Is there a lot of competition for work in Ireland?
"There is competition but the cinematographers pool is very small."
Is it a male dominated profession?
"It is almost 100% male domination! There are only a handful of female DOPs in Ireland. There is an organisation, Women in Film, here who are doing lots to try and change that imbalance. The Irish Film Board are also working towards a better representation of women working in the industry. There is a lot of room for improvement and it will take time.R
Most recently you worked on It's Not Yet Dark - a documentary about the life of husband, father, and filmmaker Simon Fitzmaurice who has MND and filmed his movie My Name is Emily using eye-gaze technology - can you tell us about that experience?
"Working alongside Simon was humbling. We had fun recreating sections of his book, and as a communicator, he has mastered an economy of language that is second to none. He managed to get his message across and do it with humour. It was also very special to spend time with the people closest to Simon, and Ruth, his wife. Living with MND imposes an exceptional way of life, for better and for worse."
The final film evolved into something quite different from the initial plan. Director Frankie Fenton had planned to shadow Simon as he filmed My Name is Emily but Simon handed over 10 years worth of home video and it became much more personal and expansive - how was that process for you?
"Working on a documentary always demands that you can move and respond to the ever changing parameters of the story and its characters. Real life is messy. At times, this can be a real challenge, but it’s always about grasping the bigger picture, and telling the story you want to tell."
Also, The Farthest - a documentary which tells the tale of the amazing Voyager spacecraft and its Golden Record - was phenomenally well received - what was it like to work on?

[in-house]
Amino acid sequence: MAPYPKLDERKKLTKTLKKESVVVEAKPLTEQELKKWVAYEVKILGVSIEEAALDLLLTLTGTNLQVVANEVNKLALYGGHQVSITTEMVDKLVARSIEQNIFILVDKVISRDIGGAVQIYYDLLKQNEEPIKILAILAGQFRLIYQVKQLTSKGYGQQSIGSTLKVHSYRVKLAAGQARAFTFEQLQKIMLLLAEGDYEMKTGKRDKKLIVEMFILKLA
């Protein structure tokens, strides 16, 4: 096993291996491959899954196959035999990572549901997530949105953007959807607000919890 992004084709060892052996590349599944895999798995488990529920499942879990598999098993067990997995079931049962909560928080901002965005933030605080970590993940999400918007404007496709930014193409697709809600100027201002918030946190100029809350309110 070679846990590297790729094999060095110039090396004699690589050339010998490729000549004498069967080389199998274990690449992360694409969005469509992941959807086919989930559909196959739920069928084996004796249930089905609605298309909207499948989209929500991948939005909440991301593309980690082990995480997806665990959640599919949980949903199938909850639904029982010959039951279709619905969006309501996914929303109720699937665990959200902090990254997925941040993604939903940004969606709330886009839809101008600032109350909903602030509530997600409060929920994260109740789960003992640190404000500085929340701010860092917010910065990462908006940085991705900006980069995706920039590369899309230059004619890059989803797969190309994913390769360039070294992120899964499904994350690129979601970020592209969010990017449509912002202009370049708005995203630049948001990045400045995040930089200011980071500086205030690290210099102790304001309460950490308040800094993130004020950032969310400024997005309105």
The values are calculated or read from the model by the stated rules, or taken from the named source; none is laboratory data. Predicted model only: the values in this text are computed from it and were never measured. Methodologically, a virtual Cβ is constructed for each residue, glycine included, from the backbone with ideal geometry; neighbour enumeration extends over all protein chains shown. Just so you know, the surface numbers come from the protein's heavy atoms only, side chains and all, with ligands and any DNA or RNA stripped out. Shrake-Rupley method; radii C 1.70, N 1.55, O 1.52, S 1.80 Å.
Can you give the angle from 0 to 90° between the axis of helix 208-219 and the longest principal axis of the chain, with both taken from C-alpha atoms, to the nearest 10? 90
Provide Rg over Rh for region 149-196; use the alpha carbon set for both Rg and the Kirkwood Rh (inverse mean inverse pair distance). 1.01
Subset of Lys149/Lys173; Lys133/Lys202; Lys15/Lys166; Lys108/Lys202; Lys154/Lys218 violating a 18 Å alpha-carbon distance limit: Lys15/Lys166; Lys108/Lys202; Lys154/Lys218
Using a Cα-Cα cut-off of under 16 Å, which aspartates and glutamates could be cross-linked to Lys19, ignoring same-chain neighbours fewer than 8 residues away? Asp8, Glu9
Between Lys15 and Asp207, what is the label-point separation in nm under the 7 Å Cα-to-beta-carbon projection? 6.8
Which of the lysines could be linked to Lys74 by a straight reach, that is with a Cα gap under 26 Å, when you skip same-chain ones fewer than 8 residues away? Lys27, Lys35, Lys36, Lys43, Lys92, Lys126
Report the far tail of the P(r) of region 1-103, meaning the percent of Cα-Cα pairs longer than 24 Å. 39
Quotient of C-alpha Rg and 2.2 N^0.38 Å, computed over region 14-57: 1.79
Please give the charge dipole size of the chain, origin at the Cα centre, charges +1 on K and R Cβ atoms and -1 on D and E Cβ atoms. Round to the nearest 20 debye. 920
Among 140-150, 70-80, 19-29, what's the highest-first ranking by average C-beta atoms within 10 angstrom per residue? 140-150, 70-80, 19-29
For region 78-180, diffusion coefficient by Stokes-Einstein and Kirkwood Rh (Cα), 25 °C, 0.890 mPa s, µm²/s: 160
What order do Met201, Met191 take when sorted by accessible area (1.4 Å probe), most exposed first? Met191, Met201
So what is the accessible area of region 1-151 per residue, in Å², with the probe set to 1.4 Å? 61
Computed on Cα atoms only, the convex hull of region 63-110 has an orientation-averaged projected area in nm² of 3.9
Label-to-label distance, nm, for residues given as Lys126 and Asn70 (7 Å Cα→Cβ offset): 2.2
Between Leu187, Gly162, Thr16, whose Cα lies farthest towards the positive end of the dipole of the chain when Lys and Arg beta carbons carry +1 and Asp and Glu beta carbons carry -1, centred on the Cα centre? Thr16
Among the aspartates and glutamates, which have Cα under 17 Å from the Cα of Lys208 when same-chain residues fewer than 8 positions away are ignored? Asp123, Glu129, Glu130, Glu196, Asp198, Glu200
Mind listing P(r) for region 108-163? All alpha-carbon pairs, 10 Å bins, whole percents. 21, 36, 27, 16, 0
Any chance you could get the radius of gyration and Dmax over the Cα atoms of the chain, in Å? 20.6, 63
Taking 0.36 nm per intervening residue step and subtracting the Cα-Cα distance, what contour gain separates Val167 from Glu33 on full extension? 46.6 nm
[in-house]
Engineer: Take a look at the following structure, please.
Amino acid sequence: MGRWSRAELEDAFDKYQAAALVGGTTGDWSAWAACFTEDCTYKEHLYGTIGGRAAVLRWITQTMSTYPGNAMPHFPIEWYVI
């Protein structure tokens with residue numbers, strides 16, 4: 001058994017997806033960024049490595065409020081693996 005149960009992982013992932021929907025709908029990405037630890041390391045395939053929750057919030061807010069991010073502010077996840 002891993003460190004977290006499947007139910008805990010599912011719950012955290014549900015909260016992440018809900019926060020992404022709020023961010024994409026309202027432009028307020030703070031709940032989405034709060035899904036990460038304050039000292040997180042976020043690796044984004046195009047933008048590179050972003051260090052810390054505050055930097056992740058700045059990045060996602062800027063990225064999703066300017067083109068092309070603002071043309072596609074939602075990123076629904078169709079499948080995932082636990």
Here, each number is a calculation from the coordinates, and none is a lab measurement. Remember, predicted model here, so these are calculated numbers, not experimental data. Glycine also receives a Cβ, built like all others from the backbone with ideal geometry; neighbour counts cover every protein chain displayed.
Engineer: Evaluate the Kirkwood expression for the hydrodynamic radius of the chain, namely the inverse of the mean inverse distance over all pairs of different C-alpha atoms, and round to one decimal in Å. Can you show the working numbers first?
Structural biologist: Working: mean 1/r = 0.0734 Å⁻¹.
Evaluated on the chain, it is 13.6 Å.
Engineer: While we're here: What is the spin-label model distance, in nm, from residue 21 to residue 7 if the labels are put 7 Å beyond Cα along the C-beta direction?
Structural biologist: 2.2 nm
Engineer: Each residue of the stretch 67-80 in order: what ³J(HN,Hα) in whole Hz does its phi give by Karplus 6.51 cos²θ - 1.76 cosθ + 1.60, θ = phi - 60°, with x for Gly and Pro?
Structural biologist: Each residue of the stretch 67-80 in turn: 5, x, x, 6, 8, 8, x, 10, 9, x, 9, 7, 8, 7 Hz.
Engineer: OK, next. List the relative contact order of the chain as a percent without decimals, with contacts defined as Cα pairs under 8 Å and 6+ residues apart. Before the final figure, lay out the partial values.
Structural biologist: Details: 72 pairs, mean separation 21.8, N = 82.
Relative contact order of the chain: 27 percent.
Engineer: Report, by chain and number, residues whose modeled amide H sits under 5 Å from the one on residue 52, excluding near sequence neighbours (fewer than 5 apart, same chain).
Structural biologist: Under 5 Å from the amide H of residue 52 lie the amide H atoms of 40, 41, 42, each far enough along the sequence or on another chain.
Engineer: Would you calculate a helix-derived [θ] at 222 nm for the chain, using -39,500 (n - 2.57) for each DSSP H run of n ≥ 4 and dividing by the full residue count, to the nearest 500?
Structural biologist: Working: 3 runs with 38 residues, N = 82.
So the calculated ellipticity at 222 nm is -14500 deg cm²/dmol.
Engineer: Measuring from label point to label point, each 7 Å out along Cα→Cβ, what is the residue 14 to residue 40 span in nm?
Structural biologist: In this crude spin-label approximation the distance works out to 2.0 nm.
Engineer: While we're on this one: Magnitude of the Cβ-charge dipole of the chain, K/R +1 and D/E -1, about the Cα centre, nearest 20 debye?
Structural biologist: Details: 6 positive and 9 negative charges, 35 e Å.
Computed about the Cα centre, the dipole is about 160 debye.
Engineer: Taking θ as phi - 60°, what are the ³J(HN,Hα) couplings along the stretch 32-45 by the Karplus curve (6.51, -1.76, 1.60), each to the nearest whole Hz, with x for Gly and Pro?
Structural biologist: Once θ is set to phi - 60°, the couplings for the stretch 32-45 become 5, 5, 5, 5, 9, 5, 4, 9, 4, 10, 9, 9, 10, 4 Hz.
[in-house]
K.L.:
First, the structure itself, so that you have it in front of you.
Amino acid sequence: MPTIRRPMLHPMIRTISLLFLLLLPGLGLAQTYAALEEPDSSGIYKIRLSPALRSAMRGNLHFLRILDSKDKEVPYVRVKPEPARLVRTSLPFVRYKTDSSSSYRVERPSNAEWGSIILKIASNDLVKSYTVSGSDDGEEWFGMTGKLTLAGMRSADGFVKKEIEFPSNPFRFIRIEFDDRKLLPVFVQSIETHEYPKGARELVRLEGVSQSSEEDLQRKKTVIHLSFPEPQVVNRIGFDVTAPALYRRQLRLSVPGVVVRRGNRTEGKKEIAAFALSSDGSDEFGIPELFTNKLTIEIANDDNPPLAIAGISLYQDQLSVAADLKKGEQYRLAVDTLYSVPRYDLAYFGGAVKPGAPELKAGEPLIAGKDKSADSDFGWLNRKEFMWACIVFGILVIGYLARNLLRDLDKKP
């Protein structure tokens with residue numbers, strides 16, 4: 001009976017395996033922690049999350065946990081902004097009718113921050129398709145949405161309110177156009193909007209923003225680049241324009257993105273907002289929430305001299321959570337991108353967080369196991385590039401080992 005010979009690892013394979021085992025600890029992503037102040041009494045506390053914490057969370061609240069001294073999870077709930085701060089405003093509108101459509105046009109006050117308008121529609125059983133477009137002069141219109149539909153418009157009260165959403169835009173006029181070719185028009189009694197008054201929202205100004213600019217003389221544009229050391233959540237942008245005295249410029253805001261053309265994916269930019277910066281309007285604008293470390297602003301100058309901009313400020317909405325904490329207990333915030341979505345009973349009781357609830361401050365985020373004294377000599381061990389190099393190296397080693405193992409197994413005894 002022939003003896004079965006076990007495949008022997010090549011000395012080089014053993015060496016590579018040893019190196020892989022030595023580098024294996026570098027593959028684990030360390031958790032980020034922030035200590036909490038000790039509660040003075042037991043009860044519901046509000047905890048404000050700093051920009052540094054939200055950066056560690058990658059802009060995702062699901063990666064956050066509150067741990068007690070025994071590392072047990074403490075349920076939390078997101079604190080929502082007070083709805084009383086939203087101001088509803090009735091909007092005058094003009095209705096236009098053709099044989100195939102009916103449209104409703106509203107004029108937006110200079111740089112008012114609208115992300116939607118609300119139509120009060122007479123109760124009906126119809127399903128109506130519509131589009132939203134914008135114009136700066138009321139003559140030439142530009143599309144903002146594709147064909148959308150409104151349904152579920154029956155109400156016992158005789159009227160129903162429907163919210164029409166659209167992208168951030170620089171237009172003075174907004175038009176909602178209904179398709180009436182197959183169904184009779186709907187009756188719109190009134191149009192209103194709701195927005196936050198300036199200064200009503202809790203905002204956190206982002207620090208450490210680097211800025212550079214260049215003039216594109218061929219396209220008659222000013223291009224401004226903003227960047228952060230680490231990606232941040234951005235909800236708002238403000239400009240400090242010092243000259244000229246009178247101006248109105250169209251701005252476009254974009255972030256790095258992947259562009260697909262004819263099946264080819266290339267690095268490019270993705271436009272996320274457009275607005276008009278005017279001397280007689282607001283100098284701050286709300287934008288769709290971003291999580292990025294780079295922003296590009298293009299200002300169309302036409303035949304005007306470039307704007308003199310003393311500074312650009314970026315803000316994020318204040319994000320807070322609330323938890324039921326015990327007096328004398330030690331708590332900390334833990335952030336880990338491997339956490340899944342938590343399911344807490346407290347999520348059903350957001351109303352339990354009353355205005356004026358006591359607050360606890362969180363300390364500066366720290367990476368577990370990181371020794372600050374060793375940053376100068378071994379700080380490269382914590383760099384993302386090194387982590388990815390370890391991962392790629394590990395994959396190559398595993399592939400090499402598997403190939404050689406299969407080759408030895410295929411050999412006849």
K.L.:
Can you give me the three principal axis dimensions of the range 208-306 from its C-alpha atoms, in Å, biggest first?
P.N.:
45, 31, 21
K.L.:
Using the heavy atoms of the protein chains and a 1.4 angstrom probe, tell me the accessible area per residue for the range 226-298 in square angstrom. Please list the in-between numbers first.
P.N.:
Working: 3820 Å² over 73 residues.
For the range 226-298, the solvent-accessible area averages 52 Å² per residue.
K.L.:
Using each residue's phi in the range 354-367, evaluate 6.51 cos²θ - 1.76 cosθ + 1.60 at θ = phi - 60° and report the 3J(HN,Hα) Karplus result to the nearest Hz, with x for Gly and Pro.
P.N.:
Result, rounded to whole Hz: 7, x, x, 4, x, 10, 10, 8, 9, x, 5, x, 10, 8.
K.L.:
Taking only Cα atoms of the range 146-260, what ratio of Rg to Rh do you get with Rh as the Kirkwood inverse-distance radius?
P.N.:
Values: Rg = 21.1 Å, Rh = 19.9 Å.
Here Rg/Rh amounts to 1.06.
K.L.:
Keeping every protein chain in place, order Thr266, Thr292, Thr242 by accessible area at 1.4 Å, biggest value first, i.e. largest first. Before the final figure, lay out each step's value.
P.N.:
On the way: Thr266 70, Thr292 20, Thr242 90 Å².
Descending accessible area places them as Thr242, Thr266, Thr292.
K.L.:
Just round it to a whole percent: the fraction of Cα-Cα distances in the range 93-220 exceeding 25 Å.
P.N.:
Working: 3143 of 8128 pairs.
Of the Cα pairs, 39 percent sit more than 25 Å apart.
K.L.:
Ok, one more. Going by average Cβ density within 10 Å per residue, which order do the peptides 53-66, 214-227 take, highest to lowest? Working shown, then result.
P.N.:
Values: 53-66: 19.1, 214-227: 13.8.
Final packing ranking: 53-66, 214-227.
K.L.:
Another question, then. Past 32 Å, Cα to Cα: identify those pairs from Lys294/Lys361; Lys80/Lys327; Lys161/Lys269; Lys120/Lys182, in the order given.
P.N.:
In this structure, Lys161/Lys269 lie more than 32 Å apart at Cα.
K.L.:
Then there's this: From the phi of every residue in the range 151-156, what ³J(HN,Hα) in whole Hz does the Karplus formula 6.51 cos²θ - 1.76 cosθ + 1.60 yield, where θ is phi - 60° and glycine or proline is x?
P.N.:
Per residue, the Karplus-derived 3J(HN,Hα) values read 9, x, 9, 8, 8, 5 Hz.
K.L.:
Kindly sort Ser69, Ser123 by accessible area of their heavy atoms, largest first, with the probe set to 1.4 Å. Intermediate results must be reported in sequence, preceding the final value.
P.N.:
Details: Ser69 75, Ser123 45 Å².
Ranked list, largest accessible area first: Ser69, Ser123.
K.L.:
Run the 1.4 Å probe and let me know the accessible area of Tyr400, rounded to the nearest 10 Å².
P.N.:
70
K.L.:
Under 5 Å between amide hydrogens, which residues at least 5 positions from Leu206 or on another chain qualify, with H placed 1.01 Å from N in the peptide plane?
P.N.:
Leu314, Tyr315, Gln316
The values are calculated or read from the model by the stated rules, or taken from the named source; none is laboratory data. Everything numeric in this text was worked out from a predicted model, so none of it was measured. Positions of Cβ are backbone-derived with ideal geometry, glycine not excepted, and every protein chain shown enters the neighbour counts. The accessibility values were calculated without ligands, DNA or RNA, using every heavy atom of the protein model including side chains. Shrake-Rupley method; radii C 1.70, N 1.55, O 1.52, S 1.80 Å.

"It was truly a great adventure on planet earth. We met incredibly passionate people who, though edging towards the latter part of their careers, still maintained the ebullience and curiosity of children as though seeing things for the first time!"
Are tight budgets a help creatively, or a hindrance?
"Mainly, a tight budget is a hindrance more than a help. It does force you to find solutions but for the most part it will compromise the film, and corners often get cut. Having the right equipment and a really good crew lays down a strong foundation for a good film."
Do you prefer documentary or fiction?
"That is a hard question, one I've been doing a lot of thinking about for the last few years. I have learned a huge amount about filmmaking, and life, working on documentary for the past 10 years. I have had the privilege of meeting some inspirational and fascinating people who have given of their deepest selves for the art of documentary making. The unpredictability of people's lives however means that, from my perspective as a DOP, most often I can’t craft and connect each frame together, as is more possible in a piece of drama with a script. Shooting fiction, I get a special thrill out of recreating scenes from life. It’s a bit like when you are a child and you play out worlds and roles from the labyrinth of your imagination. In an ideal world, I would do a little of both."
What advice would you give to anyone who would like to carve a career as a DOP? "Stop. Look. Listen. As the youngest in the family, I think I developed my perch of looking and listening early on. Its the most important tool. Everything else can follow."
It's Not Yet Dark is in cinemas now.